In this moment, neighborhood streets of a bygone era are given new life. The use of Ray Charles' rendition of "America the Beautiful" solidifies the 4th of July setting, the patriotism of a youth in the pre-Vietnam era, and a love of the most American of games.
"You play ball like a girl!" - Hamilton "Ham" Porter
In this sequence, we have the boys from the school team in a showdown with our sandlot boys, and we have another example of the stellar blend of images, great lines, including the mother of all insults, perfectly timed edits into brilliant reactions coaxed out of this young cast. It is laugh-out-loud funny. I literally watched this scene in full 10 times for this post. It is expertly put together and all the funnier and more memorable because of that skill. If only all kids movies were made with such care.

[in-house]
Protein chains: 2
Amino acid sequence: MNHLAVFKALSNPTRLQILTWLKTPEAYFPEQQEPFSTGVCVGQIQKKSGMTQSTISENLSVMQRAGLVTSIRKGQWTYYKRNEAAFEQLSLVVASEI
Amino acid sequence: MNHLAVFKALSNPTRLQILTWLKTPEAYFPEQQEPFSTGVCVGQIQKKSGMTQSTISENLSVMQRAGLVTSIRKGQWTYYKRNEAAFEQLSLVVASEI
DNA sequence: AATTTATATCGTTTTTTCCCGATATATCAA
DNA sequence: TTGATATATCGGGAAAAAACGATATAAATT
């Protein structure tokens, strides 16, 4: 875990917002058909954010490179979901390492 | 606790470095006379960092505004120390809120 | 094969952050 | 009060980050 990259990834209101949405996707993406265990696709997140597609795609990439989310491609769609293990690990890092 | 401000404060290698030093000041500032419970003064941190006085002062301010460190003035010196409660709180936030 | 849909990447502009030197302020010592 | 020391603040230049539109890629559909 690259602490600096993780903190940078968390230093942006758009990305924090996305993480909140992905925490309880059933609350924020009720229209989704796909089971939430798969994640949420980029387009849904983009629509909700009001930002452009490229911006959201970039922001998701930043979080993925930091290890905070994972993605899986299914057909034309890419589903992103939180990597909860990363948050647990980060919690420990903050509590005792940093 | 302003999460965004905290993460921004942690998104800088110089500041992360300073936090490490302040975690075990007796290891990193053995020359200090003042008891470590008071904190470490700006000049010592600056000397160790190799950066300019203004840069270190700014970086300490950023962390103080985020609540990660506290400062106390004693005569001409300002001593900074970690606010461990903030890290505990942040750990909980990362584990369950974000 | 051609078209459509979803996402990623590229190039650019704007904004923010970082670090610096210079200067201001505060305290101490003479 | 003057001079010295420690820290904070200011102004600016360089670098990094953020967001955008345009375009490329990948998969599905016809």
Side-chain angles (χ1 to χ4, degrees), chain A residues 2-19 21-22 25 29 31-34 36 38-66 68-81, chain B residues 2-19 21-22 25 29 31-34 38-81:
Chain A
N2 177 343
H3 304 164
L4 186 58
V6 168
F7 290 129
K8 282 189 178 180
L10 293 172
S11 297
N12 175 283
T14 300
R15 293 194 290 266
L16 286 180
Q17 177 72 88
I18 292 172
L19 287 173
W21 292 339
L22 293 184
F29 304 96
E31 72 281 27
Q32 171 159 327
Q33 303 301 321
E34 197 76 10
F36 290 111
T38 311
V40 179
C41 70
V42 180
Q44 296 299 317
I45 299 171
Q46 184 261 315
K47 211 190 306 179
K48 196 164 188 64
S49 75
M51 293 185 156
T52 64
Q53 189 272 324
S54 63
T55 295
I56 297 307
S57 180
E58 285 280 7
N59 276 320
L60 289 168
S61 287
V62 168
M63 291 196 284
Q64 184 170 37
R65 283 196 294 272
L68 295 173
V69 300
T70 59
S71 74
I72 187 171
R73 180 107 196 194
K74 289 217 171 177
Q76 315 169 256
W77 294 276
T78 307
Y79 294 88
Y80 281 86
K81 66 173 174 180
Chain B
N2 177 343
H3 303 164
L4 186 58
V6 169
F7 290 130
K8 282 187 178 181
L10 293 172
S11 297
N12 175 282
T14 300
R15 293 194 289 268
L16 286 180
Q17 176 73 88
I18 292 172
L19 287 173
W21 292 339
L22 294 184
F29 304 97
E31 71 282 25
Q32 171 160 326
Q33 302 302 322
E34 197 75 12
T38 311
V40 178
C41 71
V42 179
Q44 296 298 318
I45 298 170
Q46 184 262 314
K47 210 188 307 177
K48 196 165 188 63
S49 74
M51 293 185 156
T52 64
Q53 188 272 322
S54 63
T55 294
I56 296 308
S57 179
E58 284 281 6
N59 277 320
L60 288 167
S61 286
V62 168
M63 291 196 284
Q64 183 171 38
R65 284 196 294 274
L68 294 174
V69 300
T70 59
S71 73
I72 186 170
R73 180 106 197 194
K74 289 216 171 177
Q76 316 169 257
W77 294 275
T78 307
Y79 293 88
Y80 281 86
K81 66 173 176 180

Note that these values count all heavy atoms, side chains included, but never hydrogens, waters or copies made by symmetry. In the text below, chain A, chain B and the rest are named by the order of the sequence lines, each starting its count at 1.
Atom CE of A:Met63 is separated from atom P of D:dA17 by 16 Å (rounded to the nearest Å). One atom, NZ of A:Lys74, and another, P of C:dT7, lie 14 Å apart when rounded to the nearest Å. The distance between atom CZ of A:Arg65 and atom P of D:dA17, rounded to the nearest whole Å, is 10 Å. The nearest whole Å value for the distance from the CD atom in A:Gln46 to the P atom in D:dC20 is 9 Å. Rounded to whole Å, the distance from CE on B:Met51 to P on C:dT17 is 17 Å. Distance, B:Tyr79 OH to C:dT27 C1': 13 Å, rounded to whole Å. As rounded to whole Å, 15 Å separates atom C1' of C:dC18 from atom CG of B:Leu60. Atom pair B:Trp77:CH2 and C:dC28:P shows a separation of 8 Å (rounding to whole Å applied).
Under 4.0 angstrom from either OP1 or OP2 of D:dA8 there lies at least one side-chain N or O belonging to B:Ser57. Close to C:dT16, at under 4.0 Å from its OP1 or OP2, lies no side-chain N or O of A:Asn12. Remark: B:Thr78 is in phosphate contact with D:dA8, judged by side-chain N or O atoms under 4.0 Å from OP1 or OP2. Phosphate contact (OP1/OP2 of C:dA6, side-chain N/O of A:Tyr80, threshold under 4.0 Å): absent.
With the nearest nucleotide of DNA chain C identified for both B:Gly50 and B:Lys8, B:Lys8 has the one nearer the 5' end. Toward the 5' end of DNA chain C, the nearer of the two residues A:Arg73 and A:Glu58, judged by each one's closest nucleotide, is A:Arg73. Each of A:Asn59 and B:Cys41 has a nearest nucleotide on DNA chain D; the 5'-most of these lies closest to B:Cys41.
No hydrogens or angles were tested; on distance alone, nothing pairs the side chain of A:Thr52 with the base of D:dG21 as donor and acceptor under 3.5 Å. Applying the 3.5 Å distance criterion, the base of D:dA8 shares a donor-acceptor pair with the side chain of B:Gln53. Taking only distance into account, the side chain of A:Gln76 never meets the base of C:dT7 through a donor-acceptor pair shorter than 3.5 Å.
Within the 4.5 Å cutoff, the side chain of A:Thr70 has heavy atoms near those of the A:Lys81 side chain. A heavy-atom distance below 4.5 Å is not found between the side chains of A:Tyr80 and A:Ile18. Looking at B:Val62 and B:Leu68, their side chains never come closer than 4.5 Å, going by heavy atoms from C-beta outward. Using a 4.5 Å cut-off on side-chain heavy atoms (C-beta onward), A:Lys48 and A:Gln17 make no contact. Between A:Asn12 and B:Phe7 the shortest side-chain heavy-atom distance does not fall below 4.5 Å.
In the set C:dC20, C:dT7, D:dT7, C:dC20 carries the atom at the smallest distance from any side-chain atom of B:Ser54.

"Big Chief...the best!" - Bertram Grover Weeks
In this moment, a group of young men make a helluva stupid decision. Let us chew some tobacco for the first time and then get on the Trabant (now commonly known as the Wipeout) at the county fair. The inevitable vomiting wouldn't normally work for me. I usually hate those scenes. This one just rings so true.
"Who is she?" - Scottie Smalls
In this moment, the obsession with Babe Ruth gets real (and is finally understood) for Scottie. This is a priceless chunk of history all kids idealize in their heads, even kids of my generation. The feeling of what happens when Dad finds out, the anticipation, the fear. It's real here.
"I take that back. You're not in trouble. You're dead where you stand." - Mr. Mertle